If you really want to enjoy wine and drink it the way it’s supposed to be enjoyed, then a wine cooler is essential. Unlike wine cellars, which have been purposefully constructed to store wine for long periods of time, a wine cooler is more of a short term solution to get your wine ready to drink.
How to choose your wine cooler
Before you get into details, the first thing you need to consider is the type of cooler you want. There are three main types:
- Single zone cooling – perfect if you’re a newcomer to the world of wine and want a simple solution. A wine refrigerator with only one cooling zone and temperature control mean you won’t be able to mix red and whites together.
- Dual zone cooling – although a little bit more expensive than the single zone, if you’re starting to build a collection of wines and want a wine cooler that holds both reds and whites then this will be ideal.
- Built-in wine coolers – if you’re becoming somewhat of a connoisseur of wine, then a built in solution that’s integrated with your kitchen cabinets will allow you to really enjoy your wine.
Another key difference that you need to be aware of is whether a thermoelectric or compressor cooler is used. The vast majority of wine coolers utilize one of these two methods and the difference is:
- Compressor coolers function much like your kitchen refrigerator. While they can be more powerful, they are also usually louder and heavier.
- Thermoelectric coolers rely on something called the Peltier effect. Here, cooling is the result of a current flowing between two conductors. This results in a much more energy efficient and quieter solution. However, they can struggle to keep a consistent temperature, as they’re not actually producing cold air. All in all, they perform optimally when room temperature is less than 75 degrees Fahrenheit. If the temperature rises above 80 degrees, they may struggle to stay cold for long periods of time.
Now you understand the different types of wine coolers available on the market, you can think about brands and aesthetics. A wide variety of colors are available, as well as finishes. So take a look at the furniture and other items in your household, before determining what cooler will be the perfect match.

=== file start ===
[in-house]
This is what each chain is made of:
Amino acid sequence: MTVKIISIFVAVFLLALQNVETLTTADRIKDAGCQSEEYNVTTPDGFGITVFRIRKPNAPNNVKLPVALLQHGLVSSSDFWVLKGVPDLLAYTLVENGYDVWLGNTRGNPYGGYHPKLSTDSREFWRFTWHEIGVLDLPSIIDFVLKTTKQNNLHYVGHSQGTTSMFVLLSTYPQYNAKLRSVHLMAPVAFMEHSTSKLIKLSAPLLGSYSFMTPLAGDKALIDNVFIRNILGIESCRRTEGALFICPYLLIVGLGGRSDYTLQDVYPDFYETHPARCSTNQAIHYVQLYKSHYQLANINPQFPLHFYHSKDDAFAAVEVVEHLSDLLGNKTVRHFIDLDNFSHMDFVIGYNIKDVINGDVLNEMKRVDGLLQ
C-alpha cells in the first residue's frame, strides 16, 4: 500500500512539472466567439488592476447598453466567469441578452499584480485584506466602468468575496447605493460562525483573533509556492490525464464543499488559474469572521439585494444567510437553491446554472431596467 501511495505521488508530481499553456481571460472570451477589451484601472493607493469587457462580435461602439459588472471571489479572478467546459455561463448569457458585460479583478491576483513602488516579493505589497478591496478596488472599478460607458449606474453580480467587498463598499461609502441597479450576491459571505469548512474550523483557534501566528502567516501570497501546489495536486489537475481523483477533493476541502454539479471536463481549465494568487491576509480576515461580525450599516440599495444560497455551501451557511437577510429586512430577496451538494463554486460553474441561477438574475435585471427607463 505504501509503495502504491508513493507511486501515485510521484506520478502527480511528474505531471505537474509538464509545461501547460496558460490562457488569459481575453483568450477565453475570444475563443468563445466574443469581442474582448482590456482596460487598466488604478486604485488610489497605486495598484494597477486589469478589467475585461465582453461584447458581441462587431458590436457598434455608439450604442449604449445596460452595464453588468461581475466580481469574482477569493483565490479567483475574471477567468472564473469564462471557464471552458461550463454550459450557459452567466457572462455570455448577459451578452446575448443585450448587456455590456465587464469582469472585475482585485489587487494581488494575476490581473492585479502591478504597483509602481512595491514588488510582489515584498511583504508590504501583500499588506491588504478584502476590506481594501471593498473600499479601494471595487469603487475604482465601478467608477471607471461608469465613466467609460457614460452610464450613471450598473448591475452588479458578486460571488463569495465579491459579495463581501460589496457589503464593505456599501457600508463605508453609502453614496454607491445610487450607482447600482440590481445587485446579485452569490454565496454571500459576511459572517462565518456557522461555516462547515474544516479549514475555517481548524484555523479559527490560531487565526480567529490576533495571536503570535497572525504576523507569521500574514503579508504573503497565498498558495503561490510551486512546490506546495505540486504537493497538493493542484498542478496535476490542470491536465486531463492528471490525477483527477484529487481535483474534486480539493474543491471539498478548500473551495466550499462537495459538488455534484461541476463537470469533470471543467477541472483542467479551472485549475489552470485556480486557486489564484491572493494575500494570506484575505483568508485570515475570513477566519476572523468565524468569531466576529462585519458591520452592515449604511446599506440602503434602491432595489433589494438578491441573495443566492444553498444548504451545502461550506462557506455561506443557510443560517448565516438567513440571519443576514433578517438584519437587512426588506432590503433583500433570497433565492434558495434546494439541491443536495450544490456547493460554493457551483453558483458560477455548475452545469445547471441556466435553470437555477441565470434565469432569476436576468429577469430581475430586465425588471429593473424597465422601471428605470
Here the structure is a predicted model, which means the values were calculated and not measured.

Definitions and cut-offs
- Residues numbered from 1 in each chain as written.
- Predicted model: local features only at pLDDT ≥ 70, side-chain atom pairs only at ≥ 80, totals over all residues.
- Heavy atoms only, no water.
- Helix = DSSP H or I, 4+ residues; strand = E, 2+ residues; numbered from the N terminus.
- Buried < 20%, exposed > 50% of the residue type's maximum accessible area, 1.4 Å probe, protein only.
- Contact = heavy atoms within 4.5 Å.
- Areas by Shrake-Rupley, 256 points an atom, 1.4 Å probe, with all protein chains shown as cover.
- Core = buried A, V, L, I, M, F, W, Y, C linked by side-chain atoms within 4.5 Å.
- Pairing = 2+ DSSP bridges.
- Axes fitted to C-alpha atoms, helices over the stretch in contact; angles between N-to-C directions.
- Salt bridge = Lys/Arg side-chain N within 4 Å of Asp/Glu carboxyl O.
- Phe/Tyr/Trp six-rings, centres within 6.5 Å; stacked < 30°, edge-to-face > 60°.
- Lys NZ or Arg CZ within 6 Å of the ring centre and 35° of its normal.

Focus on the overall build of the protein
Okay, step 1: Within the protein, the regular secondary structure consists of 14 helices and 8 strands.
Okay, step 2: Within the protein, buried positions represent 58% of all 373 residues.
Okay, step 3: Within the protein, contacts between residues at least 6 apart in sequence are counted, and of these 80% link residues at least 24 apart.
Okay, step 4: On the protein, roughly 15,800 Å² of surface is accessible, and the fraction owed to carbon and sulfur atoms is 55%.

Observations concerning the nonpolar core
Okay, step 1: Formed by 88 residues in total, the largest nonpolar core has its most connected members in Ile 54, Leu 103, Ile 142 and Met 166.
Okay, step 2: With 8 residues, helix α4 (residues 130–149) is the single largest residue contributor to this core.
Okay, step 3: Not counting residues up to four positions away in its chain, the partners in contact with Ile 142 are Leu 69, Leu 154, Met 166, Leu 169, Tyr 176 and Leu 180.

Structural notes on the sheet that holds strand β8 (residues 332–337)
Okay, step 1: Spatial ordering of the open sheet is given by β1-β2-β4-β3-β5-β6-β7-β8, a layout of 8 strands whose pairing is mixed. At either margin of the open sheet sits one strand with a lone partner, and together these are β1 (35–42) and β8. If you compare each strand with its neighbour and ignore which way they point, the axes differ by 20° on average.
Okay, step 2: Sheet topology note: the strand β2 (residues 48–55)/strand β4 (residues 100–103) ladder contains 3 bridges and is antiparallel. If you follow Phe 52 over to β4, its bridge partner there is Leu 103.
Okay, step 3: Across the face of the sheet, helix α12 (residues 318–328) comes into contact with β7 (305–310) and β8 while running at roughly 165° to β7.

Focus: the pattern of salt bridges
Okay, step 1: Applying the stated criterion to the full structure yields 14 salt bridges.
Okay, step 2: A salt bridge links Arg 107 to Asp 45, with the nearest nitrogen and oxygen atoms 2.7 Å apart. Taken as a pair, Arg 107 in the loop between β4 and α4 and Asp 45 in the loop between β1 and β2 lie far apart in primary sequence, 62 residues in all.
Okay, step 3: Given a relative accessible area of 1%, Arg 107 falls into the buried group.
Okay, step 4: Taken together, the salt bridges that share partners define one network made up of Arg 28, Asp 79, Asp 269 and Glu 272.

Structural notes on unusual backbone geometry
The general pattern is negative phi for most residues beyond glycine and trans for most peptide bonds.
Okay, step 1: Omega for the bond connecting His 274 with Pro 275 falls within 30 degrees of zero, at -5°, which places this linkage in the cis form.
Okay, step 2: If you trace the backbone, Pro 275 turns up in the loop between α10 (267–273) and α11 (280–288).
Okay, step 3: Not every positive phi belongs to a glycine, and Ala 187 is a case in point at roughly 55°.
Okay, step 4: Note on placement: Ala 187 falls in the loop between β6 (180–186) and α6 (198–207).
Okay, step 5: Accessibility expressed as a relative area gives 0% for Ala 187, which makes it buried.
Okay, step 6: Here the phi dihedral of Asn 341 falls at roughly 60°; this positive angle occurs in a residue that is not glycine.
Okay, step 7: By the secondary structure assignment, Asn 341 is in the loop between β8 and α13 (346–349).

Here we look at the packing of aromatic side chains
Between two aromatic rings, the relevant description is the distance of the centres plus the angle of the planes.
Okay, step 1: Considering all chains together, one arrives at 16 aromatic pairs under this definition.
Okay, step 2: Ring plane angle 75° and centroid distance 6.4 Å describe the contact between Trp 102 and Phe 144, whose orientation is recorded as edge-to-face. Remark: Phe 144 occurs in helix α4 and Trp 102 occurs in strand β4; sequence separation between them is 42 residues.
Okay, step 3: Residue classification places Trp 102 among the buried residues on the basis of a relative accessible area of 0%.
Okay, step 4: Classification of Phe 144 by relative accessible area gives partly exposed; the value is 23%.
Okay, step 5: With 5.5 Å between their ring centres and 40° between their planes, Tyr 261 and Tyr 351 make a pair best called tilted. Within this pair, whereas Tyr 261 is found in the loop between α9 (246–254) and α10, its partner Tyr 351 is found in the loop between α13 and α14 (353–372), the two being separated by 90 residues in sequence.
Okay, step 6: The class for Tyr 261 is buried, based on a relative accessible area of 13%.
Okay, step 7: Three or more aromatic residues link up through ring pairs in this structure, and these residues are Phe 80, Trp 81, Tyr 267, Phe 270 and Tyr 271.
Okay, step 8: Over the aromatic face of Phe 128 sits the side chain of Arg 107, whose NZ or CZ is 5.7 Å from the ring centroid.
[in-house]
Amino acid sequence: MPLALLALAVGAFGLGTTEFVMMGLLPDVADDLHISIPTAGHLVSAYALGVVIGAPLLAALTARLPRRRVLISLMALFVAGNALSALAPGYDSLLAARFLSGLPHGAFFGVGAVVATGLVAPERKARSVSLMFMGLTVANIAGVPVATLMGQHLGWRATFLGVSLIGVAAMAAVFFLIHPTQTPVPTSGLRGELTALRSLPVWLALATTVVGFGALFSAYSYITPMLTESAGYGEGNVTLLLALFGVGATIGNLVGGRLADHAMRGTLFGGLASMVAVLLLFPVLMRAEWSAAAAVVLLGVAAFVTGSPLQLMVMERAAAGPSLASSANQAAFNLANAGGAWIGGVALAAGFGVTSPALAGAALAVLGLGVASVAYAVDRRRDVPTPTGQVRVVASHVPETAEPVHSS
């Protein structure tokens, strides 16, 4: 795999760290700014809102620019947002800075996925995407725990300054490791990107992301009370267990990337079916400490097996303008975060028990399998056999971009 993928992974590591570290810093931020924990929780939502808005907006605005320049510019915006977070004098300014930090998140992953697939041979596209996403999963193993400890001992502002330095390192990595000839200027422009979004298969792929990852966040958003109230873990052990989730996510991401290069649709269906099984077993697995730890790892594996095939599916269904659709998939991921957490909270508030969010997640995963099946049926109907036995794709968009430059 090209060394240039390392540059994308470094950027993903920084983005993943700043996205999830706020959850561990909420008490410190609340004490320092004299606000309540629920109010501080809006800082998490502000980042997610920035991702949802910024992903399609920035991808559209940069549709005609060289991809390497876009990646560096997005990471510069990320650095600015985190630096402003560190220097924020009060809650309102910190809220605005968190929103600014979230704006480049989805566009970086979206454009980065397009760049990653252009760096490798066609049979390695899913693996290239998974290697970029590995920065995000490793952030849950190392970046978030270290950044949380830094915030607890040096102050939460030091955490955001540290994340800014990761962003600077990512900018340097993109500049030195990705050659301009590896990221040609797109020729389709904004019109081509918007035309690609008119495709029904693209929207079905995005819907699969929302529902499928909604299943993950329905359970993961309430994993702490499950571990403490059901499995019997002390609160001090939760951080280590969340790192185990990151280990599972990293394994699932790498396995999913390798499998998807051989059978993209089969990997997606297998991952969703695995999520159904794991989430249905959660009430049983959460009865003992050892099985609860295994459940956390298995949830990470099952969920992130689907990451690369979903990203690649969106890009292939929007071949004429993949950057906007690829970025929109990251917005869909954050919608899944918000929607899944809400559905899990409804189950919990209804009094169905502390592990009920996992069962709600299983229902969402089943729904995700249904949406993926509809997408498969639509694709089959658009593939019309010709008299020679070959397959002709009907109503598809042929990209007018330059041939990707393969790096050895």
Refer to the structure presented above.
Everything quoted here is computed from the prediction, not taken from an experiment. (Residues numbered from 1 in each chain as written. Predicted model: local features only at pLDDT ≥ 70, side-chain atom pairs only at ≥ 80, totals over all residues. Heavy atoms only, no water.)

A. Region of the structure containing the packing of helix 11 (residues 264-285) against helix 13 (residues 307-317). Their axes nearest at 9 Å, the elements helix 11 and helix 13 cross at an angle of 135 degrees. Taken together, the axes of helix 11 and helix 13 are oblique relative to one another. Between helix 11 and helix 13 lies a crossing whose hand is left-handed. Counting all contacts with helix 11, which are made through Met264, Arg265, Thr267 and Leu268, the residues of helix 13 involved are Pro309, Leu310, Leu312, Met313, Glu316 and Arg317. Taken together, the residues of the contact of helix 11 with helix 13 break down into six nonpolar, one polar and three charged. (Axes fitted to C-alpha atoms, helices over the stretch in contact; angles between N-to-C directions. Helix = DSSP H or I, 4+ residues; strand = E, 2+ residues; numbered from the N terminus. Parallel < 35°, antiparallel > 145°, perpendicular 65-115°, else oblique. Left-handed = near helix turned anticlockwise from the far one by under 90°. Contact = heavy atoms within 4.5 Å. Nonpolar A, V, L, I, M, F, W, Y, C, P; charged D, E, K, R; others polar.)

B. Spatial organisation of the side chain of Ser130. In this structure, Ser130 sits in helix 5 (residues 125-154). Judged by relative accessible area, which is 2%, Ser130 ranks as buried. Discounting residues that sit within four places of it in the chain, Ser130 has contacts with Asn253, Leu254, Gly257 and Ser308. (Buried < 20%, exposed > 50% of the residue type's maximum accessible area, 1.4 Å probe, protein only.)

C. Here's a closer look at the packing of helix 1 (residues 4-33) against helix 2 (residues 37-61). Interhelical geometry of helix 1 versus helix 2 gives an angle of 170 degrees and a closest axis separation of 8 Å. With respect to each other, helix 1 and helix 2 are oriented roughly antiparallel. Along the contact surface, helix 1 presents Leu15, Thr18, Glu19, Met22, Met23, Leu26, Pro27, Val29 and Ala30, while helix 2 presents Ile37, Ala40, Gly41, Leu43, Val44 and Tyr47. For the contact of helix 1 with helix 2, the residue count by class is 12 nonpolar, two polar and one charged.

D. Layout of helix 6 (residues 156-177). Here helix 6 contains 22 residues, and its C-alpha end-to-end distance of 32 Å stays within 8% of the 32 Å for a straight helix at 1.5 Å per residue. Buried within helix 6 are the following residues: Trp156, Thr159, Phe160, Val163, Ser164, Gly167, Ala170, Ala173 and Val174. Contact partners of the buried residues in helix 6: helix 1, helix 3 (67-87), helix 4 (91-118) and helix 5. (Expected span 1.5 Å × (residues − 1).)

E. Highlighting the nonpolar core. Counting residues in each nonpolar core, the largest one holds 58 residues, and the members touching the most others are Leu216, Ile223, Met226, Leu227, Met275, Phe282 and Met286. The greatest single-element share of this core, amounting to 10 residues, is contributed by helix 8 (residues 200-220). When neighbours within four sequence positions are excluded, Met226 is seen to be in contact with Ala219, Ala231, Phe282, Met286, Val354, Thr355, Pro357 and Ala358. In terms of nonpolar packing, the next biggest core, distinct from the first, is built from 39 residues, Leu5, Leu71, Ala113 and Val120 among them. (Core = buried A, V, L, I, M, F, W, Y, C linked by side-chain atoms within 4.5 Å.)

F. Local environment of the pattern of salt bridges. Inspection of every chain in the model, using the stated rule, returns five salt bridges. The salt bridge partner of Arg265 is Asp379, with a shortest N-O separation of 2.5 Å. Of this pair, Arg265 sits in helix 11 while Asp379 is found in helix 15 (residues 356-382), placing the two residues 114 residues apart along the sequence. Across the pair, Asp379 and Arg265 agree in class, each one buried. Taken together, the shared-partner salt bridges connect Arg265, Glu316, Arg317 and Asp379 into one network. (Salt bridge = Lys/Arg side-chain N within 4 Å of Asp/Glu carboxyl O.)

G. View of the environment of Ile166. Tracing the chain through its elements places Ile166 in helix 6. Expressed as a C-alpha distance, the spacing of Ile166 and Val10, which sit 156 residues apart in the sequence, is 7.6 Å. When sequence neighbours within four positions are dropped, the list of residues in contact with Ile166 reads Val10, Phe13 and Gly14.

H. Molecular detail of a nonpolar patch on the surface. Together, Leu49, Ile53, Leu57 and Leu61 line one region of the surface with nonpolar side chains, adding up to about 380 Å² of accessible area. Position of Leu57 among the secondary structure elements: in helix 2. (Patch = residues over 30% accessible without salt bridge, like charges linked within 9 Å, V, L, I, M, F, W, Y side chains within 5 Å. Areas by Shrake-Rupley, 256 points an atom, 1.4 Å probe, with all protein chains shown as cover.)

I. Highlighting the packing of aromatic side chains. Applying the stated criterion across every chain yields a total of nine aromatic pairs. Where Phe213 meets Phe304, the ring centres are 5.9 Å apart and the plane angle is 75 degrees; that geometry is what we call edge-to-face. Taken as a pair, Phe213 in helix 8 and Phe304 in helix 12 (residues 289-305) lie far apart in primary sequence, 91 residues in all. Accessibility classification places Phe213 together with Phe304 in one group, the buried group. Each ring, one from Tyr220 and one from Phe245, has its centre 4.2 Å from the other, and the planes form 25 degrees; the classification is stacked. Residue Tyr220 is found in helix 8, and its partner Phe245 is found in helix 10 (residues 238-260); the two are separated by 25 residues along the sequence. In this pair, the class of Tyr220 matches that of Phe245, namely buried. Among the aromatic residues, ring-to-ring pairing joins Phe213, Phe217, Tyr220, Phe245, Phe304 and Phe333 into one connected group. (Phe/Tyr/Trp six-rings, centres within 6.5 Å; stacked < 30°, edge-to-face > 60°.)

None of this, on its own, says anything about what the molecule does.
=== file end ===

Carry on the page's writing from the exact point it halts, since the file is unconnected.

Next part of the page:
How cold should my wine cooler be kept at?
This depends on whether you’re storing red or white. It’s recommended to keep red wine between 50 - 65 degrees Fahrenheit. And for white wine, keep it between 41- 50 degrees Fahrenheit (with 46 degrees being regarded as optimal). If you’re storing both red and white in the same cooler, then you’ll need a dual zone. One final tip: all wines, whether red or white, can be stored at 55 degrees until a few hours before being served when you need to get them cooled down, or leave at room temperature to warm up. As for sparkling wines, roses, and full-bodied whites, the temperature should be even lower a 50 – 60 degrees.
Can’t I just store my wine in the fridge?
Yes, however, your fridge is kept at a temperature less than 40 degrees Fahrenheit, to minimize bacteria and keep food a safe temperature. A wine cooler is used solely to keep your wine at the correct temperature to ensure you get the best out of it. Therefore, unless you want to make-do, then a wine cooler is essential.
How much will a wine cooler cost me?
If you’re looking for a small and simple single zone cooler then you can pick one up for as little as $100. Depending on the number of features, cooling zones, and size, prices will increase to as much as $4,000.
What do I need to think about before buying my wine cooler?
Before buying your wine cooler, assess what your needs are. Consider how often you’ll be drinking wine and whether you’ll be building a collection or not. A 24 bottle model will be perfect if you plan on keeping a collection of around 20 bottles. If you have a collection that includes non-standard sized bottles, then check to see whether the shelves of the unit can be adjusted to adapt and fit your various bottle shapes.
Another thing to think about is the amount of free space you have. If you have a large and relatively unutilized kitchen space, then you have plenty of capacity for a premium built-in wine cooler. Also, remember that thermoelectric coolers struggle in high temperatures. If you live in a warm climate and don’t enjoy running the air conditioning on high, then a compressor cooler may be the best option for you. Especially if it’s kept in an attic or a non-air conditioned garage. Don’t just look at the number of bottles a model holds when thinking about space. Where do you want to store your cooler? Does it need to fit into a tight thin space? Will it be placed on top of a counter? Think about the overall dimensions (length, width, height) of the unit, as opposed to just the quantity of bottles it holds.
One final consideration is that some coolers don’t have locks. If you have kids or teenagers in the house then this has to be factored into your decision. If you have an expensive bottle that you’re looking forward to drinking on a special occasion, would you feel comfortable knowing that it’s being stored for a few months with easy access for you children? Just something to think about.
Once you’ve decided on the size and type of cooler, you then need to assess brands and models. This is where it helps to get to grips with specifications, read reviews, and check prices in order to get the best value for your money so you can start to enjoying your wine at the optimum temperature the next time you open up a bottle.
Ready to shop for your ideal wine cooler? Check out our collection of wine coolers now. Get 5% off (discount expires tonight at 11:59 PM). *See our product page for full details. You can also call us at (800) 969-4632, or email us at support@WineCoolerDeals.com.